New construction and remodeling work in the hotel sector fell off for years, Gordon said. The rebound in hotel construction in Northwest Indiana has just been a microcosm of what’s occurred nationally.

“Because hotels tend to be large projects that require a significant amount of upfront planning and development, this created a four- or five-year period of very little hotel development in the local market,” Gordon said.

“As market conditions improved there was then somewhat of a race to meet the market, and construction activity picked up dramatically and that is still continuing today.”

Bankers balked at lending for new hotels because of concerns about the overall economy, Gordon said. But unmet demand piled up and opportunity emerged in the market.

“The forces of supply and demand then take over and activity picks up,” he said. “Banks began lending again on projects with strong sponsors and owners and viable franchises.”

Both Gordon and Gardiner credited the U.S. Small Business Administration’s SBA 504 program for facilitating hotel financing in recent years by reducing risk to lenders.

But there’s also demand created as hotel chains look to grow and replace aging facilities in the Region, Gordon said.

“All of the major hotel chains are rolling out new and interesting product types these days as competition drives the need for innovation in the hotel industry,” Gordon said.

“Hotels are really all about their individual markets and right now Northwest Indiana still has some unmet demand and a need for newer inventory and this has brought some strong operators to the Region.”

Under served no more

Some of the new hotel construction is driven by demand in communities that have been under served, Micah Pollak, of IUN, said. Munster, population 23,000, had only a single hotel until the expansion of Community Hospital created more demand.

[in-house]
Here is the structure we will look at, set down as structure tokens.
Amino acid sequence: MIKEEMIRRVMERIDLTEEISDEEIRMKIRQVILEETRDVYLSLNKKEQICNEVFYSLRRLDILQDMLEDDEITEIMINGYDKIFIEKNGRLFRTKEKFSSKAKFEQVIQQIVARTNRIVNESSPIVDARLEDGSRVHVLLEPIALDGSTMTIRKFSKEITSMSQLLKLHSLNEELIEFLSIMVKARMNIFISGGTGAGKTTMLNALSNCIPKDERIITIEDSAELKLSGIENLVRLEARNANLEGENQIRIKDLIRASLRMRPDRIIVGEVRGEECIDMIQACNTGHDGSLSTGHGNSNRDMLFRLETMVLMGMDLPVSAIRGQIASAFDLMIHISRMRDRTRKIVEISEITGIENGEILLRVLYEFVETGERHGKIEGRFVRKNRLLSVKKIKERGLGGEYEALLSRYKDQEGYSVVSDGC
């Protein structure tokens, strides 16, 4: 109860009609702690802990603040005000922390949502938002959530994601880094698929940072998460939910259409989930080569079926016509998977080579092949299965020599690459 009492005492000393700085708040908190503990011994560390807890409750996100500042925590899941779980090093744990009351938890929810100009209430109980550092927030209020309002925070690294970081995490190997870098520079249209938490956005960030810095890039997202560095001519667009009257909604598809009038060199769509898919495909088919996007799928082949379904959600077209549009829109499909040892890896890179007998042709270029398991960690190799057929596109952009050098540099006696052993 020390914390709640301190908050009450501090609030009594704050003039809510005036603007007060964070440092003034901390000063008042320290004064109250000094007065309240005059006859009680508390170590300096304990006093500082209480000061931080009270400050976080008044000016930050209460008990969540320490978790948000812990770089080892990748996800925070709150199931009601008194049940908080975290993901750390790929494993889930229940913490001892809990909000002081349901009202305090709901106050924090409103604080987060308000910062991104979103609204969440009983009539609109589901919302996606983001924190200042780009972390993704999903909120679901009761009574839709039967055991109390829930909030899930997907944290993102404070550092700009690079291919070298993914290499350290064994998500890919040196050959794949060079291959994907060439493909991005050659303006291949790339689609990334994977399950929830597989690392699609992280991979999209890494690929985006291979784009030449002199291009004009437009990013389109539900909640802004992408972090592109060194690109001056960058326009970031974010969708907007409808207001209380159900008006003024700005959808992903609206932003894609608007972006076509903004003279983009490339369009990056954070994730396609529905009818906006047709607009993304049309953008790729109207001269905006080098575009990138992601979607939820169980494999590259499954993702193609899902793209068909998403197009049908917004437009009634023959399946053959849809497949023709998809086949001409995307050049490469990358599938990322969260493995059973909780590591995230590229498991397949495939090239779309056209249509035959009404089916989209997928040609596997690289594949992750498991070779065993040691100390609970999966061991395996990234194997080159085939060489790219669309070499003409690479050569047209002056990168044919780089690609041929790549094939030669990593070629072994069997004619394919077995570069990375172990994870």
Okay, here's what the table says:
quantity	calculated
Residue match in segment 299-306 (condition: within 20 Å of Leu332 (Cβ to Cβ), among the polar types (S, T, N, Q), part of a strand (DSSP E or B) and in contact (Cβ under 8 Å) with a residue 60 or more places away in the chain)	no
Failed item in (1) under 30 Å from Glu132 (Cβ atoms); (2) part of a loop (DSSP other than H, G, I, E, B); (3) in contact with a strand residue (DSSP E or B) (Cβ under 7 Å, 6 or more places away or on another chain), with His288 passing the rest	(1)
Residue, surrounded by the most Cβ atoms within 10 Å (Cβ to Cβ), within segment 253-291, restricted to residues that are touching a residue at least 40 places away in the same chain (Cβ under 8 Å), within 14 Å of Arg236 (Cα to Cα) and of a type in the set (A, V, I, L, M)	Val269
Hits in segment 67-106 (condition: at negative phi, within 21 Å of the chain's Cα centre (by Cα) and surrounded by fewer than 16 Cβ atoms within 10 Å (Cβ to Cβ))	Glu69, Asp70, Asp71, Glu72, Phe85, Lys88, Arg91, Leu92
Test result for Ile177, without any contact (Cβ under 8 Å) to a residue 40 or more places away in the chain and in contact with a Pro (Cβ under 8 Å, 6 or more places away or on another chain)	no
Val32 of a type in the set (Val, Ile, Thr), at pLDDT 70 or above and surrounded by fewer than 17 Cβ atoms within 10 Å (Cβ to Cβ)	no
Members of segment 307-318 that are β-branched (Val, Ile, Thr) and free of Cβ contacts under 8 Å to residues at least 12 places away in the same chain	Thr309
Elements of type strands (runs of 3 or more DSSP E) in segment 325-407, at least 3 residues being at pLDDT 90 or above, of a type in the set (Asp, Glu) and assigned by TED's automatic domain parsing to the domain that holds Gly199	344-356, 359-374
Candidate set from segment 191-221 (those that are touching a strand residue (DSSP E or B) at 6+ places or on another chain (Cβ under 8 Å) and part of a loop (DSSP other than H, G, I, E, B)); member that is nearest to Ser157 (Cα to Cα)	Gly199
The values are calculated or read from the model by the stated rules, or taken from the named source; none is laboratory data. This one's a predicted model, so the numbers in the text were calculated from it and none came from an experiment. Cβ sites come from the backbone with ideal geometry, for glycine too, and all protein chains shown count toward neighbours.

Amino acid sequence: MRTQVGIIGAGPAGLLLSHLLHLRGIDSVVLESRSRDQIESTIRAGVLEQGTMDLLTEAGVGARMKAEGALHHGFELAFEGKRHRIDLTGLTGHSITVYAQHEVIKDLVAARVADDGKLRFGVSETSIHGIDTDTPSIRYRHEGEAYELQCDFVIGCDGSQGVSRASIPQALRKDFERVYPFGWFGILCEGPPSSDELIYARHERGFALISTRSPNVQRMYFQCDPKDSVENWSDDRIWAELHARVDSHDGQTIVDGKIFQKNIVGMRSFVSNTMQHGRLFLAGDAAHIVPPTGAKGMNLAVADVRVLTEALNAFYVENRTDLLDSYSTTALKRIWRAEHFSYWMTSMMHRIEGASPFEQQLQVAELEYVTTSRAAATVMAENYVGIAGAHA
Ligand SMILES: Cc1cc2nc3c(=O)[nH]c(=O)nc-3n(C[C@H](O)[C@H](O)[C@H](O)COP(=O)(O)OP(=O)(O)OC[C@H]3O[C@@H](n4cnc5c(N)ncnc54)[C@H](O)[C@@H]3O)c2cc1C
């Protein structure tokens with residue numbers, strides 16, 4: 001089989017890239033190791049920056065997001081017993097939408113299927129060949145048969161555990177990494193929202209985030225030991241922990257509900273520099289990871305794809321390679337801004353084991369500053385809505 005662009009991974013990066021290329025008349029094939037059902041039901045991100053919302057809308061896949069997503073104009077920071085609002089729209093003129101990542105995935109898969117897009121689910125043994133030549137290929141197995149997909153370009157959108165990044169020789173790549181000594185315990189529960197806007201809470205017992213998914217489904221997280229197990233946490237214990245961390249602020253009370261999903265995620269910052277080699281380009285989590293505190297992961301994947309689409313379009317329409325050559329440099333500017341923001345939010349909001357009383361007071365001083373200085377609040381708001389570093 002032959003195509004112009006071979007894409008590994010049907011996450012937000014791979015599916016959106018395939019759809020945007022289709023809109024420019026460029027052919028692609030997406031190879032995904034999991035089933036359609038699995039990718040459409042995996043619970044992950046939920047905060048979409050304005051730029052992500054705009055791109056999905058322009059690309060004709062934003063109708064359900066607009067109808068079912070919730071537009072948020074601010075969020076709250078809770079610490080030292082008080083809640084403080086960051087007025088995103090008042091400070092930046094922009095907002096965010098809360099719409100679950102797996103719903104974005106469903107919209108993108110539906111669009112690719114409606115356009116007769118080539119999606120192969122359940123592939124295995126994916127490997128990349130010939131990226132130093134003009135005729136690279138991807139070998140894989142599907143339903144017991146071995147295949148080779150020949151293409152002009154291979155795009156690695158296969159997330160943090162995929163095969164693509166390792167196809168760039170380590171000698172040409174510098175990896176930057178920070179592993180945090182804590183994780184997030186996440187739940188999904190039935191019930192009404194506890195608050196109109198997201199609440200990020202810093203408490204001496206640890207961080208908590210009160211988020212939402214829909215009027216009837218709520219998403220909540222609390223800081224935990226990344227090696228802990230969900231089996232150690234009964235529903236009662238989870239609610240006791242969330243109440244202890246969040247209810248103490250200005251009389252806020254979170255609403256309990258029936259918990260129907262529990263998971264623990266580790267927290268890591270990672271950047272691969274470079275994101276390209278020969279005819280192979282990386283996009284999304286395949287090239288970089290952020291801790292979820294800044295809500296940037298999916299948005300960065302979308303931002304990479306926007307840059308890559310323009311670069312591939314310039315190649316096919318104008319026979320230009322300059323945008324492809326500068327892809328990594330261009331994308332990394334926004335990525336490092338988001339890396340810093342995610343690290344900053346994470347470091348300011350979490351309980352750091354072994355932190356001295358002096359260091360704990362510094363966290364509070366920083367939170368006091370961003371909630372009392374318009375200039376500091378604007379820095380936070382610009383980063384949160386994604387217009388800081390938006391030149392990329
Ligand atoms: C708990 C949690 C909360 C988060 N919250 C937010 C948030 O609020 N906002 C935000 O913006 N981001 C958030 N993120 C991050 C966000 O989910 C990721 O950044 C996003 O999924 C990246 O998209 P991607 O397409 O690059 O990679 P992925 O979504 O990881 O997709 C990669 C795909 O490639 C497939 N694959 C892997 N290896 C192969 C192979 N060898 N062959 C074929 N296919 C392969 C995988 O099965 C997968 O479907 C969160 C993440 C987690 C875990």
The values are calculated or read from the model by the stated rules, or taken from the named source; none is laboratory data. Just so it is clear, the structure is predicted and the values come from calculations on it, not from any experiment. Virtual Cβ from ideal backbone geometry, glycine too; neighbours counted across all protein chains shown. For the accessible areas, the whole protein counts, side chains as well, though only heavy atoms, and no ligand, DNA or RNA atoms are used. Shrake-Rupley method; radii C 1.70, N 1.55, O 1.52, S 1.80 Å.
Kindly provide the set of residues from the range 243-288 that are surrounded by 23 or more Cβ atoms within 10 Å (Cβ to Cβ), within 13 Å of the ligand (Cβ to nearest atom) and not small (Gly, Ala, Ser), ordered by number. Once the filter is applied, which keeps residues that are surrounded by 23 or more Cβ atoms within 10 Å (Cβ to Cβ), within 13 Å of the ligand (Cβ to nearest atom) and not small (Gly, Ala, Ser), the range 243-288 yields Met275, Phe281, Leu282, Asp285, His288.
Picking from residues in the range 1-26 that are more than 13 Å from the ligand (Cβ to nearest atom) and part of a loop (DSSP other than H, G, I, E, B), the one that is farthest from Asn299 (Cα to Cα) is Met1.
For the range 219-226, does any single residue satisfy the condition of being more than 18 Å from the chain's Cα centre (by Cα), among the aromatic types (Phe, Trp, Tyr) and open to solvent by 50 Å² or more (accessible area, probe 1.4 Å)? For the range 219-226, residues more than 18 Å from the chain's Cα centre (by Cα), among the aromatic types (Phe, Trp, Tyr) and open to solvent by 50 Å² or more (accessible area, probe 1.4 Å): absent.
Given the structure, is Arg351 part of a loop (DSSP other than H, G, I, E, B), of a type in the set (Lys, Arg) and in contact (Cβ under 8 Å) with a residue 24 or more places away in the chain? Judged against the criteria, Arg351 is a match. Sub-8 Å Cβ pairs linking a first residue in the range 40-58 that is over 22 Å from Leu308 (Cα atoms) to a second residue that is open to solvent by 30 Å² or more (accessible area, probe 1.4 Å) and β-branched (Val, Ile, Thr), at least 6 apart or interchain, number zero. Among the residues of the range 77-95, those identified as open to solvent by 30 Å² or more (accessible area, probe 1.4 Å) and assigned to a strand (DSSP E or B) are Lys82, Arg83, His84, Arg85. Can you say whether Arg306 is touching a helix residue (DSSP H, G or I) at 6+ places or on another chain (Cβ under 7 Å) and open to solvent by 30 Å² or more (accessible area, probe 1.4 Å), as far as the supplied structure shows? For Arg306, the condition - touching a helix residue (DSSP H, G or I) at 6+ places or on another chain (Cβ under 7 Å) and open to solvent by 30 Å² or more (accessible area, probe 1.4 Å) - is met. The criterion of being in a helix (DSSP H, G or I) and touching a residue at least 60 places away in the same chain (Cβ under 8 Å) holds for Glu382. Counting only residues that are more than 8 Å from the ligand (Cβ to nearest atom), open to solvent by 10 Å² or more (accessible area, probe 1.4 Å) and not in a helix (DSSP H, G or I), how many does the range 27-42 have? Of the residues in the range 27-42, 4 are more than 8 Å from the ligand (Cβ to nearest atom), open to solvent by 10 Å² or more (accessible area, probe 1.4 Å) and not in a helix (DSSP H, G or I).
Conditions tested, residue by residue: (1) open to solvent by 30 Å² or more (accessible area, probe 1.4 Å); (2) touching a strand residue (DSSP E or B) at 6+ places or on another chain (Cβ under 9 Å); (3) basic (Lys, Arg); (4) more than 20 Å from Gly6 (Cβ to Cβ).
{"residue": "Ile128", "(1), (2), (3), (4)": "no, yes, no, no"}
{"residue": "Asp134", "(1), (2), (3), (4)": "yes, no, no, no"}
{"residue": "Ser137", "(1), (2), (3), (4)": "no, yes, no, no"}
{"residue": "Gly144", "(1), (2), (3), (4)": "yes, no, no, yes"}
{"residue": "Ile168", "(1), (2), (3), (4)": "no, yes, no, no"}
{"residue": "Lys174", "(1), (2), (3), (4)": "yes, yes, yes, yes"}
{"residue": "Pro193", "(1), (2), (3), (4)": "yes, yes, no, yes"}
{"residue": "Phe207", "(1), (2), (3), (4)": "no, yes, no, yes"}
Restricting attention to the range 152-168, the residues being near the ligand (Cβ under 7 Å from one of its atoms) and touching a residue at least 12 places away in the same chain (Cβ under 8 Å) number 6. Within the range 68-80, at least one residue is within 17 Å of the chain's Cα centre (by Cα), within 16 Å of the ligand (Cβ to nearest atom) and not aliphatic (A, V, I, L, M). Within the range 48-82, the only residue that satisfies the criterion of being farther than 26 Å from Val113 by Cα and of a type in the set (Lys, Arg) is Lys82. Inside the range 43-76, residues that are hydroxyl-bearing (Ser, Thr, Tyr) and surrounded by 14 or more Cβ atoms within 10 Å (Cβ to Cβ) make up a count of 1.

And Crown Point, which has 28,000 residents and sits on the busy Interstate 65 highway, does not currently have a single hotel. Hawk Development, however, now is planning a 100-room to 130-room hotel as part of its $100 million Galleria Center on 109th and Delaware Parkway.

“Part of the reason these areas have been historically under served is local resistance to hotels locating in the city,” Pollak said.

“Over time, opposition has been decreasing as the need for hotel space becomes more apparent at the same time as hotels are more willing to adhere to stricter quality, pricing and aesthetics standards.”

Northwest Indiana also is a major transportation hub with Interstates 80, 90, 94, and 65, Pollak said. Travelers often prefer new hotels when they pull off the highway for some rest.

“We have an incredible amount of traffic both to and from Chicago as well as from across the nation pass through the Region,” he said.

“Many of the existing hotels in Merrillville and Hammond, as well as some of the new construction such as at Kennedy in Hammond, are located along these highways in part to serve these travelers.”


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Business Reporter

Joseph S. Pete is a Lisagor Award-winning business reporter who covers steel, industry, unions, the ports, retail, banking and more. The Indiana University grad has been with The Times since 2013 and blogs about craft beer, culture and the military.